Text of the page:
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Teaching Your Children How to Care for a Horse

Compassion and respect for animals is a trait any parent would want their child to possess. Caring for animals and pets is a valuable life skill that can be instilled in your child from an early age. Most children initially learn these traits from watching their parents or elders around them, but as they grow older, they can be reinforced.

When young children are old enough to reason with, this is a good time to start introducing them to horses in a more hands-on approach. If your children are fortunate enough to spend time around horses as infants, this will instil an understanding and respect for these warm-blooded beauties. If you have not been able to expose your children to horses in their formative years, now is the time to start. A child, teenager or young adult is never too old to learn.

Horse and Pony Basics

Owning a horse or pony is a wonderful privilege, but you don’t need to own horses to teach your children the basic elements to caring for a horse. Visiting a ranch, farm or stables would be a great way to spend a day out educating your children on horse care.

The basic requirements when caring for horses are:

  • Stabling
  • Food
  • Water
  • Exercise
  • Health

Adequate stabling is important to keep a horse safe and comfortable. Stabling should include a proper shelter for the horse to sleep in at night, to be kept out of storms or harm’s way, and to be tended to when needed. Adequate space is required as horses need to be kept active daily, especially when they are young. Tethering a horse should never be done over long periods of time, as a horse needs space to run and roam.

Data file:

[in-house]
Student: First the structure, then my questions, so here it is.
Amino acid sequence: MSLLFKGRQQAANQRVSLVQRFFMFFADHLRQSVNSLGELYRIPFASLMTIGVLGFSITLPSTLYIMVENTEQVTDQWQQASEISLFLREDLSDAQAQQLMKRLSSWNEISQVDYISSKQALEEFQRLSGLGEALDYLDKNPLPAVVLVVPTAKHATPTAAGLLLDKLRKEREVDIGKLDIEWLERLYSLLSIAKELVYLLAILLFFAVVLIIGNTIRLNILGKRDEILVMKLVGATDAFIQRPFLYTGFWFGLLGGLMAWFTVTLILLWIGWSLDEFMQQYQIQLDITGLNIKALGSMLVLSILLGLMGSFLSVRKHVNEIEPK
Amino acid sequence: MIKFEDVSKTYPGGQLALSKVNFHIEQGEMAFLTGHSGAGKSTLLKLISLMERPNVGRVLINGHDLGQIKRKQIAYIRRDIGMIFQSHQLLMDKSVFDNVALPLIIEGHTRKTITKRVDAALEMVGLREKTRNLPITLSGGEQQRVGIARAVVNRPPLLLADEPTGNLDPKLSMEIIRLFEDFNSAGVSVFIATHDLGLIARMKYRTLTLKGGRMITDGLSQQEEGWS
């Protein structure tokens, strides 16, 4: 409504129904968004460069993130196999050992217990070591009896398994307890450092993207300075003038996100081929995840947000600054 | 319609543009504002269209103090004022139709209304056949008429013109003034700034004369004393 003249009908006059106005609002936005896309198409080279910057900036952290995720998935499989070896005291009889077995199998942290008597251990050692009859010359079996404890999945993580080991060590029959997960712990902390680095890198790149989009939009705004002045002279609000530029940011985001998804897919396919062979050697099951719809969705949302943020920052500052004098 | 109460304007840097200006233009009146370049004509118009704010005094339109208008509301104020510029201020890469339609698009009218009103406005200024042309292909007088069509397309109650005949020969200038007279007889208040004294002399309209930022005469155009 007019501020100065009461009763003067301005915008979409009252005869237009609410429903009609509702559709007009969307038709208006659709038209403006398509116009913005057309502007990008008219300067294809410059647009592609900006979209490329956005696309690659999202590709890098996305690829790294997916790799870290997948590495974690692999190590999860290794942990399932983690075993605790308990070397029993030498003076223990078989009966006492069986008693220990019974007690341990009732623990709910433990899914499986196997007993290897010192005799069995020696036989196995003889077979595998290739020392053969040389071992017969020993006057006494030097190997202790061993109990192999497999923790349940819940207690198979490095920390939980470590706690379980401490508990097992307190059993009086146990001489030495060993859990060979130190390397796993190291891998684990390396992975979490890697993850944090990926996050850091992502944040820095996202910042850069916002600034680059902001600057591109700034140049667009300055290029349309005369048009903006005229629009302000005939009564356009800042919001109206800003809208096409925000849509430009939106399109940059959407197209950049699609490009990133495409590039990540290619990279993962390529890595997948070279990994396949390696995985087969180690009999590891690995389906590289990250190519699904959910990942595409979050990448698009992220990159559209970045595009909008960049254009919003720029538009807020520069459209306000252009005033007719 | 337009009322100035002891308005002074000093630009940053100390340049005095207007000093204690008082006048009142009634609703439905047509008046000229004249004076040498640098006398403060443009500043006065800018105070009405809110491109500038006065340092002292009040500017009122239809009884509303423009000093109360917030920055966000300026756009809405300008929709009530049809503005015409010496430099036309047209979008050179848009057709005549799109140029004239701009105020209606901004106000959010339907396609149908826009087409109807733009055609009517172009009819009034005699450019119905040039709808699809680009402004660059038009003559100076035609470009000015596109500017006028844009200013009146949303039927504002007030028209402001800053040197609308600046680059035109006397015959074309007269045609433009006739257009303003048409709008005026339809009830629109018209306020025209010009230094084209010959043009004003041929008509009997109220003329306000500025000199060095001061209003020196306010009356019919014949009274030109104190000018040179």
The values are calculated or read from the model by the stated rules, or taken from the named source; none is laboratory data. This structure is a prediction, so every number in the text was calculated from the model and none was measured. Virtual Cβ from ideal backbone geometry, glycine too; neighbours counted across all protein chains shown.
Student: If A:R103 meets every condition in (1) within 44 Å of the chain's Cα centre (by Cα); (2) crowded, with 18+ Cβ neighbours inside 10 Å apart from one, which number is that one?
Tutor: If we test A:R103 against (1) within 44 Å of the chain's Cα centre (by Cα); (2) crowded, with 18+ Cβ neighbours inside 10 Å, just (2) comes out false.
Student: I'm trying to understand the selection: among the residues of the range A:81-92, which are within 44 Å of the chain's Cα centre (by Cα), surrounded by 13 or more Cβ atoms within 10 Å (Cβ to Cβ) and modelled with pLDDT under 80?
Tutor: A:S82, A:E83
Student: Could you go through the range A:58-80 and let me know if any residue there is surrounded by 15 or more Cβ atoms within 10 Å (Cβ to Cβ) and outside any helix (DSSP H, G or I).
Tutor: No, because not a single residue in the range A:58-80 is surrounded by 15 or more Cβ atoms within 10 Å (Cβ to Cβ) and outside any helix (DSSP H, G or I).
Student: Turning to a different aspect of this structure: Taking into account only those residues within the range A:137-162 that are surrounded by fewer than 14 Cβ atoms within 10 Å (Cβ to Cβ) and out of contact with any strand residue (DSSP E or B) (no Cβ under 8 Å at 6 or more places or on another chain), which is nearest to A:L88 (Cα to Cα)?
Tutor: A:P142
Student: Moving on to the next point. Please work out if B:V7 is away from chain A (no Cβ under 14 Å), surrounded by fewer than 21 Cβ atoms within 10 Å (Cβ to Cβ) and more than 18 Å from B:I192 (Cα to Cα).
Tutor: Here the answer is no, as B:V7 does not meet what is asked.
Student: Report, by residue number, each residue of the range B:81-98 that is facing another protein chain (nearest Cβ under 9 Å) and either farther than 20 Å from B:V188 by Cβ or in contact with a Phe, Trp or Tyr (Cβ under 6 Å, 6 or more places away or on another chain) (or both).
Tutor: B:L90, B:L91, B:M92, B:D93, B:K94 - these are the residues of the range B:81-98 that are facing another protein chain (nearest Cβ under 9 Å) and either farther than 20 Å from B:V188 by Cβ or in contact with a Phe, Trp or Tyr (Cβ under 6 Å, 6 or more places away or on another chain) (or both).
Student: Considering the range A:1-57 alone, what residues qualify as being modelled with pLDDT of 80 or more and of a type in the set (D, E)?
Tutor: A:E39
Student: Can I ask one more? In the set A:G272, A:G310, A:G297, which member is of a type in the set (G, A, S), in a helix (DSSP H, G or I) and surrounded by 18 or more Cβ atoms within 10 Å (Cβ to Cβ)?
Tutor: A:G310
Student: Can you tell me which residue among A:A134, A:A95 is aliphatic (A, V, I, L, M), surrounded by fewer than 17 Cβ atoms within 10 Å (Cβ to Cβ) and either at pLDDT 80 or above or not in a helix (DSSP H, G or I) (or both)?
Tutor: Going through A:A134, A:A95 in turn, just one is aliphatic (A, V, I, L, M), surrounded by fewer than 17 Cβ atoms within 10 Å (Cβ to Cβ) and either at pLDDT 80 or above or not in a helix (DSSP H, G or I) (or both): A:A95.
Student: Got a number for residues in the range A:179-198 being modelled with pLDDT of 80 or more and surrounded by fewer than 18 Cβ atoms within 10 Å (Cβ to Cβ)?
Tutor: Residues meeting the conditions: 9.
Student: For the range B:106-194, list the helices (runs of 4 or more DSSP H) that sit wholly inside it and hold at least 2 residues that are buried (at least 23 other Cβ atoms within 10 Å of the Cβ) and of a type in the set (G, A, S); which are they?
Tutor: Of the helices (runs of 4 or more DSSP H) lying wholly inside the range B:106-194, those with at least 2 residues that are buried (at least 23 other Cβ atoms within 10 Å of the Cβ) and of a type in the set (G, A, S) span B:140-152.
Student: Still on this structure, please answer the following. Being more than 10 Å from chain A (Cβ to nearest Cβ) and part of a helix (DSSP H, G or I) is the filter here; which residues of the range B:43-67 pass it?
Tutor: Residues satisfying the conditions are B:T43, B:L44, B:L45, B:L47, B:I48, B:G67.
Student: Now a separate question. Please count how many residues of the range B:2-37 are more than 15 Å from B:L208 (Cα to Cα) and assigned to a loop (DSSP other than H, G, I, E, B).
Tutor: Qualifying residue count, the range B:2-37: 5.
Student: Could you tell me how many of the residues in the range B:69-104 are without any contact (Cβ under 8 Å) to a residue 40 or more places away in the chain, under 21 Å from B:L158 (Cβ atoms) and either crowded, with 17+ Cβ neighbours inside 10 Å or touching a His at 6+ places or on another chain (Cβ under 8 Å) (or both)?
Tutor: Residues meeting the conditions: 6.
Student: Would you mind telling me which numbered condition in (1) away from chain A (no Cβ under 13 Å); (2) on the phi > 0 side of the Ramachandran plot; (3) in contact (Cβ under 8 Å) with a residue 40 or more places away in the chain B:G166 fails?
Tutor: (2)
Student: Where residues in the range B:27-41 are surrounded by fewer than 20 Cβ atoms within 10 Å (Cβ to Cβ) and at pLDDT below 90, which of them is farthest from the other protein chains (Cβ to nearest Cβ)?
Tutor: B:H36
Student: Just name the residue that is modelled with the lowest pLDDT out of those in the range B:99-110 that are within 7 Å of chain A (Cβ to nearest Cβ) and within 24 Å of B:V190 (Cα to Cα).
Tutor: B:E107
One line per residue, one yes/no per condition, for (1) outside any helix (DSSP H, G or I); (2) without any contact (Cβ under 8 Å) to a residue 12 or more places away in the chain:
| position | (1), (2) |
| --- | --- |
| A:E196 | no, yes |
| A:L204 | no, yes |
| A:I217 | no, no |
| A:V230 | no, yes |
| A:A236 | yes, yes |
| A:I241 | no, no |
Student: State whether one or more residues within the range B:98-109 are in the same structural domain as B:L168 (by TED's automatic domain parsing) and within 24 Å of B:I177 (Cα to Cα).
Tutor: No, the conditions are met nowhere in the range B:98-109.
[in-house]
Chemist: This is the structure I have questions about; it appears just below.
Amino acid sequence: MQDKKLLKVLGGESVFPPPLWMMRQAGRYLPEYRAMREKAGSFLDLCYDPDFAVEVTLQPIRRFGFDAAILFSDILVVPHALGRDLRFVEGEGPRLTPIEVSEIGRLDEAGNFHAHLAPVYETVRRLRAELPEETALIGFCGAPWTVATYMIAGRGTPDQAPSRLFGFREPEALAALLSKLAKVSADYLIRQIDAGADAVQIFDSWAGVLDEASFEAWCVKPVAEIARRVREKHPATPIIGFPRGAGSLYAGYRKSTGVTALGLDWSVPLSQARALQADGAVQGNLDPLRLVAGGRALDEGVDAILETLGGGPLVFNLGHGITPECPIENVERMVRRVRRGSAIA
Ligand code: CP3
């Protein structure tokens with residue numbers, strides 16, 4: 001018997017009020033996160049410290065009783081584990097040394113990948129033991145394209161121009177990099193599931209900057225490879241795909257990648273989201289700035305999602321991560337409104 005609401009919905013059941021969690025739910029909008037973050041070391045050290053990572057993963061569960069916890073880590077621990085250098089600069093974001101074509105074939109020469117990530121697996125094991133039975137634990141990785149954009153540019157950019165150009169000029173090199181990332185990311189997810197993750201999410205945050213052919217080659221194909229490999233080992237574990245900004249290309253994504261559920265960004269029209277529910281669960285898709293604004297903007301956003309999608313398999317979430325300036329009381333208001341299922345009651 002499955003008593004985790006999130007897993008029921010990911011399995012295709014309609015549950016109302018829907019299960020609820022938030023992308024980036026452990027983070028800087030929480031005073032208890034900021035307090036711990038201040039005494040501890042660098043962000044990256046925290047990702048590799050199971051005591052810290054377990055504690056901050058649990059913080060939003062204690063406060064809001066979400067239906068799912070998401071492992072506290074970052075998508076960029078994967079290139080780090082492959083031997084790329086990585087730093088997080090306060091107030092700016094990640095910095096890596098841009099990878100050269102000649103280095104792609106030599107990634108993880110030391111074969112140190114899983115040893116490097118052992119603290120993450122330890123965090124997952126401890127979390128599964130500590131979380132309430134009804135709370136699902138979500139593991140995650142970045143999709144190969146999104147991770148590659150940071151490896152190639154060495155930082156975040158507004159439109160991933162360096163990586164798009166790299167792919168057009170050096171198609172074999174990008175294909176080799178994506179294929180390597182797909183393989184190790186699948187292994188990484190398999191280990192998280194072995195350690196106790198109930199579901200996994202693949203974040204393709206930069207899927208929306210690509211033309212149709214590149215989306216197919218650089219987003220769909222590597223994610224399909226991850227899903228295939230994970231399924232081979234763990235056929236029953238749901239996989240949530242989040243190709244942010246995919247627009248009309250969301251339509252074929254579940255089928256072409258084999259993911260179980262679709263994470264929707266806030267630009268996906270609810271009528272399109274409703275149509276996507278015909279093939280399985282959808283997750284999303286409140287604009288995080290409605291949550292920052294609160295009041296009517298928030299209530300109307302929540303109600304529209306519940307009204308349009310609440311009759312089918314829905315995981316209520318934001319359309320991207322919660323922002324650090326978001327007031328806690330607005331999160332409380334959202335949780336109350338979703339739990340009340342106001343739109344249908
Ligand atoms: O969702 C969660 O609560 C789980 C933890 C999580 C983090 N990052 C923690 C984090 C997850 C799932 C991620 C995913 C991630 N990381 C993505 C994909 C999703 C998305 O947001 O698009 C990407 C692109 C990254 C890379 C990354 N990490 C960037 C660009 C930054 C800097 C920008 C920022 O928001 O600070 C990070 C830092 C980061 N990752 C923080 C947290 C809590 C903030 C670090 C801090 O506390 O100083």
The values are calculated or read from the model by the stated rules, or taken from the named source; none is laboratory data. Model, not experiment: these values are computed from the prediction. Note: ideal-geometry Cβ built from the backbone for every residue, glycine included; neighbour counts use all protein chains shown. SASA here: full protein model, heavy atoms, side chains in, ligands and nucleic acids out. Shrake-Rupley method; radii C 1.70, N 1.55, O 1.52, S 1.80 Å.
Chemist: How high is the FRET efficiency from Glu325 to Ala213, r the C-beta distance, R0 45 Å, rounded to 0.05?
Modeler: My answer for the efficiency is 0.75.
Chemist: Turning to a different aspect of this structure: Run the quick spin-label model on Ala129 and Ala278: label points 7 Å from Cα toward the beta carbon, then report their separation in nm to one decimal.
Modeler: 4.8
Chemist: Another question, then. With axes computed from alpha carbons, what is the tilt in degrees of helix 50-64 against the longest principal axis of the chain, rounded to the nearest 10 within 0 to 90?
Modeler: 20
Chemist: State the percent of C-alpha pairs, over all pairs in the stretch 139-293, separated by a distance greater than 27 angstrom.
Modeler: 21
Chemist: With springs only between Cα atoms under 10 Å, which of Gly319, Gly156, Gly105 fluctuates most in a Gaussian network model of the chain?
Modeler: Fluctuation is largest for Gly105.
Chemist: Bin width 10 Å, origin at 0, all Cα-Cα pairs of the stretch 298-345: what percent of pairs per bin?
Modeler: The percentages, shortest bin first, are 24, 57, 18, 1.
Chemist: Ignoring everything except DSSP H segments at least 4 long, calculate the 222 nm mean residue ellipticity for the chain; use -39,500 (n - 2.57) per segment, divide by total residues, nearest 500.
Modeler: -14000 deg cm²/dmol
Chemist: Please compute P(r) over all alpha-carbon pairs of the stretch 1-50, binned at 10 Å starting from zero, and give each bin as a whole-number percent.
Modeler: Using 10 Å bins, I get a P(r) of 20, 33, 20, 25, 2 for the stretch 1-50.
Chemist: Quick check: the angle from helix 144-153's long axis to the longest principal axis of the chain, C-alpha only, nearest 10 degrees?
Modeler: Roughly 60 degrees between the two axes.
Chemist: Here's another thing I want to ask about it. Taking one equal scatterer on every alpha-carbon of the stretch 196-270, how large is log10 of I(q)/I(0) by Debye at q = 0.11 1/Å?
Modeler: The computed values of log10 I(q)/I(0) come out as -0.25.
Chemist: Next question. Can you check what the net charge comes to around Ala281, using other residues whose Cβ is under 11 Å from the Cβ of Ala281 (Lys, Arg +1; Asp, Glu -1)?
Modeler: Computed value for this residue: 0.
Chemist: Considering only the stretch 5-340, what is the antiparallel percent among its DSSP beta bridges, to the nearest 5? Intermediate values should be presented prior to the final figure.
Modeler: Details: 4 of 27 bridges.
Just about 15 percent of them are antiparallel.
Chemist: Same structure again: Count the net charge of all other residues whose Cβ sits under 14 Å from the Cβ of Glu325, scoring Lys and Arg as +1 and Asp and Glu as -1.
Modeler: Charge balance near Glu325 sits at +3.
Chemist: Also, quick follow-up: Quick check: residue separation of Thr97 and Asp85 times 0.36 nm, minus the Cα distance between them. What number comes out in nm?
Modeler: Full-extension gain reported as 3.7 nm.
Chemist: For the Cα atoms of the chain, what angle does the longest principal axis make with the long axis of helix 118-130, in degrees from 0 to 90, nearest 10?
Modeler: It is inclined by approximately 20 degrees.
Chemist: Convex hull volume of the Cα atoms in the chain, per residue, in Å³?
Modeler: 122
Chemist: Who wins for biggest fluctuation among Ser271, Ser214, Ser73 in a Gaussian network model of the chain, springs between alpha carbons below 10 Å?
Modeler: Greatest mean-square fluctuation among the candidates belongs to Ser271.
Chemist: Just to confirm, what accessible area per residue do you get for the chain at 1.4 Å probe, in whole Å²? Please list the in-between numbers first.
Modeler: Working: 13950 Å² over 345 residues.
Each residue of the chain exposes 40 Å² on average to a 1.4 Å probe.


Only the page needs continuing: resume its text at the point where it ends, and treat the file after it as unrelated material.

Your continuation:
High-quality food is needed for horses to remain healthy and happy. Not only do horses require hay, chaff or pasture to eat, but they may need additional supplements such as a salt lick from time to time. Horses should always have access to clean and fresh water.

Health care for horses includes taking care of their coat, hair, teeth and feet. Horses should be groomed often, and their teeth need to be checked annually by a veterinarian. Their hooves need to be trimmed every 6 to 8 weeks by a farrier, and horses that are ridden often will require shoes.

Educational Mediums

If you cannot access a stable or ranch, you can always teach your child how to look after or train a horse by other methods. The most popular way to teach children the benefits of horse care is to watch videos on training horses with them. There is a plethora of educational material available online that will not only catch the attention of young children but keep it too.

Social media is another great way to learn how to care and love animals, and it is just a matter of searching for horse related accounts on Instagram, Facebook or YouTube. The bottom line is to set a good example for your children when dealing with not only horses but any animal you encounter. This method of watch and learn will always be the first port of call in respecting animals.

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